With H'worth gone, Shanahan is Redskins' big name
ASHBURN, Va. (AP)
Time to roll the opening credits for the 2011 Washington Redskins, with a new name above the title.
These are now, unquestionably, Mike Shanahan's Redskins. Three busy days of cuts, signings and trades have made the coach the star of the show - and molded the team more to the his liking as he begins his second training camp in Washington.
Whether the result is a better won-loss record remains to be seen, but there probably will be less drama than last year, when the sagas of McNabb and Haynesworth - and occasionally Portis - overshadowed just about everything the two-time Super Bowl champion coach tried to do to put his stamp on the team.
''I thought last year and years previous, we talked too much about individuals that have problems with the organization and stuff like that,'' Pro Bowl linebacker Brian Orakpo said, ''instead of trying to go out there and perform well. It just harps on you at times, and it's something that we need to do this year - forget about all the nonsense and negativity and just focus as a team. That's what the great teams do.''
The players officially reported to camp Thursday to take their physicals and hunker down for a full slate of meetings, with the first practice set for Friday morning. Those rituals seemed absolutely mundane compared to the nonstop comings and goings of faces old and new.
The early morning news was Haynesworth had been traded to the New England Patriots for a 2013 fifth-round draft pick, a mere pittance for a two-time Pro Bowl defensive lineman with a $100 million contract. Some sort of move was inevitable - there was no way Haynesworth was going to be able to return after a yearlong feud with Shanahan that climaxed with a four-game suspension for insubordination.
Nor was there room for McNabb, who was traded to the Minnesota Vikings late Wednesday for a sixth-round draft pick in 2012 and a conditional sixth-round selection in 2013. While Haynesworth was inherited by Shanahan, McNabb was the coach's own mistake, a veteran quarterback who never looked comfortable and was benched for the final three games of the season.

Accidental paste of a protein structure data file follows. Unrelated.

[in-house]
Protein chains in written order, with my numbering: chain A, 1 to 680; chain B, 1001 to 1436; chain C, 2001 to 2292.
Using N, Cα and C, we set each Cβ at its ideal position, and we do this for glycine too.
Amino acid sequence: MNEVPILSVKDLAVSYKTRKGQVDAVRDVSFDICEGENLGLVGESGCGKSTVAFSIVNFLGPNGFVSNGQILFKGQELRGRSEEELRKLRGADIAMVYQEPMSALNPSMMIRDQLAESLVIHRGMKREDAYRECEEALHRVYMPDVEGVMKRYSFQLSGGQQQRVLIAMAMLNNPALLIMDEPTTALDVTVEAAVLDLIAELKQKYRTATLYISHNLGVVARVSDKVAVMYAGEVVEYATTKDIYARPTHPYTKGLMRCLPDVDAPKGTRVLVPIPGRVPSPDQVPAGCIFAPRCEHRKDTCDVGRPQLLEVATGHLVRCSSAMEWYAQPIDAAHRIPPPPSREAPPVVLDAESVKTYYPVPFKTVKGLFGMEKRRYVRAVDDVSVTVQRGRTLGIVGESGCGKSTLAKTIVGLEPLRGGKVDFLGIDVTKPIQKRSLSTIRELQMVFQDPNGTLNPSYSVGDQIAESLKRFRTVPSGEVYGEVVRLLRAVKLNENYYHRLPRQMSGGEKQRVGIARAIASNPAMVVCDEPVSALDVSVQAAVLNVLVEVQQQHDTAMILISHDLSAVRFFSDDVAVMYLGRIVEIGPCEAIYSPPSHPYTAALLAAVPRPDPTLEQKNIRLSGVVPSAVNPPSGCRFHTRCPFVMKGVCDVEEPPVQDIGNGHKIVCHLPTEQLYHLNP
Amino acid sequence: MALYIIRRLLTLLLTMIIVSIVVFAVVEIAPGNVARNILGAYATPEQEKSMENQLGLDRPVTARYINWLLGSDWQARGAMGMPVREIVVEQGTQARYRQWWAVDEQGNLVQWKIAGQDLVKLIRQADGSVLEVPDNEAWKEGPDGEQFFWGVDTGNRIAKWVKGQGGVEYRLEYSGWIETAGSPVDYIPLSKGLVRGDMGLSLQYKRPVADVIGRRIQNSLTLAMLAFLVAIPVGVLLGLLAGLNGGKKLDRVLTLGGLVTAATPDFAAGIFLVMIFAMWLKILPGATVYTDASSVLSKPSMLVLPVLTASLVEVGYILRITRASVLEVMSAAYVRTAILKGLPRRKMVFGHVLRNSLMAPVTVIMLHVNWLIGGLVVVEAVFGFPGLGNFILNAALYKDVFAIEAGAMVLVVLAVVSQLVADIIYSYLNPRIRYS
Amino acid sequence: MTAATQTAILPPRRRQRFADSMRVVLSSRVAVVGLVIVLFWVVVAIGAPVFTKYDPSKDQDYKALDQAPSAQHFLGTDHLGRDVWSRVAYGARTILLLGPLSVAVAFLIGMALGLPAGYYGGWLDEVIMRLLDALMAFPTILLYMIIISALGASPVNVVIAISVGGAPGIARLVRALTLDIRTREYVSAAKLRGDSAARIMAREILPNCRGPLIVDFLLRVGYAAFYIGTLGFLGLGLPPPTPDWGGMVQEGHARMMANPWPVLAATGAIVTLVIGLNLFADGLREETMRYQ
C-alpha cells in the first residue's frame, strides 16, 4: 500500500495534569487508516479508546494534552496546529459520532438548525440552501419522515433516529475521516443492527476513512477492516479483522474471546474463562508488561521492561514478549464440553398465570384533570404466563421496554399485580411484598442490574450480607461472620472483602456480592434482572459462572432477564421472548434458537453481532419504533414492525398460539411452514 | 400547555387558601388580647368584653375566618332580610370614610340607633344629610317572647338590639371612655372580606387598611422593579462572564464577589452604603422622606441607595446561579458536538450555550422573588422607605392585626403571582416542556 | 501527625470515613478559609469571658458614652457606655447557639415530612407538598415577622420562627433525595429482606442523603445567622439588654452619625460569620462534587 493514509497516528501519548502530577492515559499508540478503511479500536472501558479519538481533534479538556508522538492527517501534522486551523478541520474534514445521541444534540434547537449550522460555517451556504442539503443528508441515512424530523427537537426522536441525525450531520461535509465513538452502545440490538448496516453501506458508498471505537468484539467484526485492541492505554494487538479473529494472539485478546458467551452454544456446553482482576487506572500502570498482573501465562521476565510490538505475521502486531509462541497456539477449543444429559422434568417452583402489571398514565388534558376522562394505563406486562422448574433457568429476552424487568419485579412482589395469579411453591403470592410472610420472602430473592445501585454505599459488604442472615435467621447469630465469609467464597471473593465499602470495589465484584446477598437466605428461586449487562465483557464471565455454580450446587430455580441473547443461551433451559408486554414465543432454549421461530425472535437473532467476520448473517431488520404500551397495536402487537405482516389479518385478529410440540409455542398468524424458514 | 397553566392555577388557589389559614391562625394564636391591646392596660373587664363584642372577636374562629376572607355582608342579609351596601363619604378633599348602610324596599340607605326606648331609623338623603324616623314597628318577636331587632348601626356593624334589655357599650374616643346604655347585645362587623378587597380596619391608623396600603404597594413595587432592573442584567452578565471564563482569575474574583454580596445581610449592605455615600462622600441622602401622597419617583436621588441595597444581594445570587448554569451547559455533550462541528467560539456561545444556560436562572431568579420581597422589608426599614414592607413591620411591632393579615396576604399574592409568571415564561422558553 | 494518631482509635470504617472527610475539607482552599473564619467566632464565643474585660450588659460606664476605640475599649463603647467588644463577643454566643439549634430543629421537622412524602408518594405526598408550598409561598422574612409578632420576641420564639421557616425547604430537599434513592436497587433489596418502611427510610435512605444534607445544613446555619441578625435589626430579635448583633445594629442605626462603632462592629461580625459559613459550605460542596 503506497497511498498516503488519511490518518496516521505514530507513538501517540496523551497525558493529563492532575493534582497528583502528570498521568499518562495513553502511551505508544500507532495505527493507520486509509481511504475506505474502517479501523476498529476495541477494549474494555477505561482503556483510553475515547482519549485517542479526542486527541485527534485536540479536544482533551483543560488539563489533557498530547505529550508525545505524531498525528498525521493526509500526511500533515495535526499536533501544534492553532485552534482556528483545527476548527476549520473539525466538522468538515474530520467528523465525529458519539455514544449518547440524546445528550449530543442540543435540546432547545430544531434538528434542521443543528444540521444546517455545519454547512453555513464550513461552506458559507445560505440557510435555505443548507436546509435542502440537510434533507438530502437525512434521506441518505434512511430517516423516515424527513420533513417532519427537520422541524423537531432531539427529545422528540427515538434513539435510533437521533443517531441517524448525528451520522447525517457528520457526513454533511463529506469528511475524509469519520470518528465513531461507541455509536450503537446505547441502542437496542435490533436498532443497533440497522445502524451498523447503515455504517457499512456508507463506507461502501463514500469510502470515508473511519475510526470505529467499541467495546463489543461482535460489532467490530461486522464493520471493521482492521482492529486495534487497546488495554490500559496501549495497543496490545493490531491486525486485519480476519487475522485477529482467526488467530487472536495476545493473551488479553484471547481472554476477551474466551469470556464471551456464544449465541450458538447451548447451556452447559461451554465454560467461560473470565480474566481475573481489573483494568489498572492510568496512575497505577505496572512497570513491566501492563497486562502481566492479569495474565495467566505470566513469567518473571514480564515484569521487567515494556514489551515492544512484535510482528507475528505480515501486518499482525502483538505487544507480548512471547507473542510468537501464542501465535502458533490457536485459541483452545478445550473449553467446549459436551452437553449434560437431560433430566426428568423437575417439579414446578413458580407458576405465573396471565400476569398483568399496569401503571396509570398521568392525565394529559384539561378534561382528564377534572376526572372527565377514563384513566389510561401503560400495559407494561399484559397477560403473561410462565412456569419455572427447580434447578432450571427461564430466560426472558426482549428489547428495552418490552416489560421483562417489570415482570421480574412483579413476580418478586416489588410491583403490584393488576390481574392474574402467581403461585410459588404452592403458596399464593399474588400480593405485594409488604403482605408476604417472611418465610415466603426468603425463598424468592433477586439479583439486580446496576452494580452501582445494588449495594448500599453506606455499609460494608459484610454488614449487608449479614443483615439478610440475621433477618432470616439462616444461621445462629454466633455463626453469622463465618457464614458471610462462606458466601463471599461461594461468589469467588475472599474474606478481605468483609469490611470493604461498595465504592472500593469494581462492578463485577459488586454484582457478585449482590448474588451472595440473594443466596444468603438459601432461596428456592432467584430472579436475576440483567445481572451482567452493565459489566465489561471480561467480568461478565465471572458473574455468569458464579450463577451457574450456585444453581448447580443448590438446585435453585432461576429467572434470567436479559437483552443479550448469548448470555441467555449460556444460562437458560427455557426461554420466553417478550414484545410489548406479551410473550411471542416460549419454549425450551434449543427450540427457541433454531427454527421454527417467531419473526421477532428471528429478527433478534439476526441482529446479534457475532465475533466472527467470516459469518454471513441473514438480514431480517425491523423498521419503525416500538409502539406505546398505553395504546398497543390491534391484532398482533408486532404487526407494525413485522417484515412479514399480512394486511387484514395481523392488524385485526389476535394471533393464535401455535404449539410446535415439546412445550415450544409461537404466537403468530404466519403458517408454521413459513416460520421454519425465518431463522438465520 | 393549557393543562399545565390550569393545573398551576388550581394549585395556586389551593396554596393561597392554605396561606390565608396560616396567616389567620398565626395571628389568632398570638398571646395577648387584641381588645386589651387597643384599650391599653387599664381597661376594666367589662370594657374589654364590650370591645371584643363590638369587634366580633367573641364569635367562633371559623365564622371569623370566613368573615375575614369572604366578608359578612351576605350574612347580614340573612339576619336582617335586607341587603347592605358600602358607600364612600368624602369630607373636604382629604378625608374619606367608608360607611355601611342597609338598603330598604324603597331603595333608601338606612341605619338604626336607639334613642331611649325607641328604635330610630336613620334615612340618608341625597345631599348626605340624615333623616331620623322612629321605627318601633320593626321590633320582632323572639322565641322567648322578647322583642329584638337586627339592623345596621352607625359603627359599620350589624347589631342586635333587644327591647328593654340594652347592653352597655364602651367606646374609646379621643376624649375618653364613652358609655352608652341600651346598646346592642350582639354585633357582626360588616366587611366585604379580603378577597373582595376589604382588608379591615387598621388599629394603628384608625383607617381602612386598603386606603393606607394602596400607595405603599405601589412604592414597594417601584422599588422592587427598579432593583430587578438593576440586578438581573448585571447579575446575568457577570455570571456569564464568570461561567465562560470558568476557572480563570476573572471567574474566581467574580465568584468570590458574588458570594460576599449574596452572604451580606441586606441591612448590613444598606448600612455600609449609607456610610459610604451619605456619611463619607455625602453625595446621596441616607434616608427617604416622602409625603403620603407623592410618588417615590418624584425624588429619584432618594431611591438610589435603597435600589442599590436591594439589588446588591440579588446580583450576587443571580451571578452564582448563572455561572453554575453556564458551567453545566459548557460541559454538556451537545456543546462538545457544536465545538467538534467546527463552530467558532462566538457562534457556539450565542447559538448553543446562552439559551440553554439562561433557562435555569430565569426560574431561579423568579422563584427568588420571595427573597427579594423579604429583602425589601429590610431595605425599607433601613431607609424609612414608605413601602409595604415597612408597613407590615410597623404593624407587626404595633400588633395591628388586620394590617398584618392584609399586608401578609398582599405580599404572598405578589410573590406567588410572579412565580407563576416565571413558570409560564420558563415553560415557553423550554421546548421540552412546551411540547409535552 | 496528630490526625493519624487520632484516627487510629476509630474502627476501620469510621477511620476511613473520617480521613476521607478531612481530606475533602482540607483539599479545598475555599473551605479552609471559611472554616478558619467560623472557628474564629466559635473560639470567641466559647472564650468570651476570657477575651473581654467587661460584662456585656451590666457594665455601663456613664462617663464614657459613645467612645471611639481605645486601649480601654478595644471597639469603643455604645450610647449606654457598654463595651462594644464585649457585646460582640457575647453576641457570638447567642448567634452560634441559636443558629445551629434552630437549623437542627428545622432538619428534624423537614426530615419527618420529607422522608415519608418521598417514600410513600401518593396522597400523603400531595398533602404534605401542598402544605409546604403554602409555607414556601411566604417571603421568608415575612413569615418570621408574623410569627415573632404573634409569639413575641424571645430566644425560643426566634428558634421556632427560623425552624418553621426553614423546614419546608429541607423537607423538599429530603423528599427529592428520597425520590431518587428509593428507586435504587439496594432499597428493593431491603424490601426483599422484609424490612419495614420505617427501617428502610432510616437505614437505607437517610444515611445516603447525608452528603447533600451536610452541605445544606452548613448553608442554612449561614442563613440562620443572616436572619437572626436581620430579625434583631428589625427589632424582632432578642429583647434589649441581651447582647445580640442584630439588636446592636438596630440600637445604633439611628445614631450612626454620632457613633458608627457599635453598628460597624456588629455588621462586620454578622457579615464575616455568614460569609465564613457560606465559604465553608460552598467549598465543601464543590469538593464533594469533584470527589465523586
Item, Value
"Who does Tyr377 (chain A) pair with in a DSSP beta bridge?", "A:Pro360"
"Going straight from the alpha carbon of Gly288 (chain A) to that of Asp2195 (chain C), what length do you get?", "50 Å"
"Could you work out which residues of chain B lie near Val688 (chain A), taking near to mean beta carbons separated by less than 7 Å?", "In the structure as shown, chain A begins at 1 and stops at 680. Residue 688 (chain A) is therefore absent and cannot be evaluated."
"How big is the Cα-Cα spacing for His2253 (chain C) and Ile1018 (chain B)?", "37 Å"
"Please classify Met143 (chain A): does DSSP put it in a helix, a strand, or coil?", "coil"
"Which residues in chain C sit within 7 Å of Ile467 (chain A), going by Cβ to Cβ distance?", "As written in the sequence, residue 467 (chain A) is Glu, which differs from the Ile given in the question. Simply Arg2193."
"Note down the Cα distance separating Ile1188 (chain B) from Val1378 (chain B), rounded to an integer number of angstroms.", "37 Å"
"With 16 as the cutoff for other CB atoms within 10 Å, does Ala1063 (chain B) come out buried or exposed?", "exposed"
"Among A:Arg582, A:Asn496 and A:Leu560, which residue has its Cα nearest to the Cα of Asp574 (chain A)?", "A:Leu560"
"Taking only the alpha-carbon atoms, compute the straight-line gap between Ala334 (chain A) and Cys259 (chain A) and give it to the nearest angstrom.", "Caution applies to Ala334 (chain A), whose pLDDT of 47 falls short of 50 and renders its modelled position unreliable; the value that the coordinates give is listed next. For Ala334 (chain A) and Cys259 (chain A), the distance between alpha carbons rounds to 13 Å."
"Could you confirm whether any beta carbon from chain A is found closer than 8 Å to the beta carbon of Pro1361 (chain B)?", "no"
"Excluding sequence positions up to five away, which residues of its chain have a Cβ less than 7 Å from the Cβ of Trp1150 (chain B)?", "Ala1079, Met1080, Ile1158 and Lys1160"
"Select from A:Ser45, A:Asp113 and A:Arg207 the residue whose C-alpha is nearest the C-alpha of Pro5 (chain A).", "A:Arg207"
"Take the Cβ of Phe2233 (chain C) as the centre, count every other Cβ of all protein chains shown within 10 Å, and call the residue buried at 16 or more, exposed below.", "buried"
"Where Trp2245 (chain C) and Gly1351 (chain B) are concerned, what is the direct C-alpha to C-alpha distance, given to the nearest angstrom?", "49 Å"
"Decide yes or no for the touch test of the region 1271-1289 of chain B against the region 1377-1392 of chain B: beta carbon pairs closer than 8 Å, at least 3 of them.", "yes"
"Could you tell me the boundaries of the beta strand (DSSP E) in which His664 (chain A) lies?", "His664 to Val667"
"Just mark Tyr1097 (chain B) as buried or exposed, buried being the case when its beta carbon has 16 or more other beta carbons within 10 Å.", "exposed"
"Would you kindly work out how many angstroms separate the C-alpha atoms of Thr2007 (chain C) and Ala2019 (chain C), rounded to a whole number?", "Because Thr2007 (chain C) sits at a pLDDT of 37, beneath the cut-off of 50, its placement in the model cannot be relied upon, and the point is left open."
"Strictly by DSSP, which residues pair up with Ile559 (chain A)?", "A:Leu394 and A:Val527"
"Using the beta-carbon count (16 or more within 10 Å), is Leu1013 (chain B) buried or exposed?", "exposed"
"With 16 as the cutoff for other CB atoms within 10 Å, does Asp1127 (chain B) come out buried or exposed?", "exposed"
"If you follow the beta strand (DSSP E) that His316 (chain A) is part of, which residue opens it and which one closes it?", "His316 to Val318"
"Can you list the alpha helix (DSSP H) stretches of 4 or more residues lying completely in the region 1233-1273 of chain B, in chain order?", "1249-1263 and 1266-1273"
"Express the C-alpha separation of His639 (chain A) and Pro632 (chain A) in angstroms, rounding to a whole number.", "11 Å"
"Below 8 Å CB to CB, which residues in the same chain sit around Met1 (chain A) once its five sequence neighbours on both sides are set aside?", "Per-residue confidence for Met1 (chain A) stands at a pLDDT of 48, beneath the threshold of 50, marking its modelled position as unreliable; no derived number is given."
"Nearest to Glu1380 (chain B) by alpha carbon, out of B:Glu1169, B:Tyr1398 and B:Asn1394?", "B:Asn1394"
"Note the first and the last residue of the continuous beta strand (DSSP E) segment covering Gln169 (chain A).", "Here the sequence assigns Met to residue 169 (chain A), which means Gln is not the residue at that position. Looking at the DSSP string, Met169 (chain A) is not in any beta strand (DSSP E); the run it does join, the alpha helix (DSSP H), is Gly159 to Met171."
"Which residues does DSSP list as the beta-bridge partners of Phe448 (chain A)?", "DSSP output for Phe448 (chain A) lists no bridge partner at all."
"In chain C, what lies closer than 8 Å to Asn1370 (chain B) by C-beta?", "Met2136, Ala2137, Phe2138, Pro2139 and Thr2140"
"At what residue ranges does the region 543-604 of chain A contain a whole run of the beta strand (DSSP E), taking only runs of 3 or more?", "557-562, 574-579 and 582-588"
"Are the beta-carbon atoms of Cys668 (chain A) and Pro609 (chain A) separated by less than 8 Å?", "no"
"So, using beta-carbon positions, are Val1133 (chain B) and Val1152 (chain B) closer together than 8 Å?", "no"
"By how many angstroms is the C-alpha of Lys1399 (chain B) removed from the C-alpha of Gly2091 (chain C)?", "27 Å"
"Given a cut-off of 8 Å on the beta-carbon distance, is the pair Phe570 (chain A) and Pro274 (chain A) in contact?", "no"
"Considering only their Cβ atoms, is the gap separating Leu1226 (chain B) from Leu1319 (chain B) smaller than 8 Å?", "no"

Shanahan then unleashed a veteran purge, releasing 38-year-old defensive end Phillip Daniels, 33-year-old center Casey Rabach, 32-year-old nose tackle Maake Kemoeatu and 30-year-old receiver Roydell Williams. Punter Sam Paulescu and running backs Chad Simpson and Andre Brown also were sent packing. The 29-year-old Portis was let go in February, before the NFL lockout began.
''Going younger and had enough depth,'' Rabach said in a text message when asked what the Redskins told him.
On the verge of being added to the fold were free agents Stephen Bowen, Chris Chester and Sav Rocca. Defensive end Bowen, who has played five seasons with the Dallas Cowboys, is expected to sign a five-year, $27.5 million contract on Friday, when veteran free agents are allowed to formally join their new teams. Bowen's deal includes $12.5 million in guaranteed money.
Offensive lineman Chester is expected to don a Redskins jersey after five seasons with the Baltimore Ravens. He's set to sign a five-year contract worth $20 million.
Rocca is the 37-year-old Australian punter who has spent the last four years with the Philadelphia Eagles. He averaged 43.8 yards per punt last season, with a 39-yard net average.
The Redskins also negotiated throughout the day with their 12 draft picks, and it appeared most if not all would be signed in time for the first practice. Linebacker Ryan Kerrigan, the No. 16 overall pick from Purdue, agreed to terms late in the day, according to a person who spoke to The Associated Press on condition of anonymity because contract had not yet been signed.
The team did announce the signing of three undrafted rookies: Indiana quarterback Ben Chappell, North Carolina running back Shaun Draughn and East Carolina offensive lineman Willie Smith.
Because the veteran free agents can't sign their deals until Friday at 6 p.m. - and then can't practice until Aug. 4 under the post-lockout rules - it will be a far from complete squad that takes to the field for the inaugural camp practice bright and early Friday.
''It's crazy,'' linebacker Lorenzo Alexander said. ''We couldn't imagine trying to learn this defense in five, 10 days. But every team has to deal with it.''
Joseph White can be reached at http://twitter.com/JGWhiteAP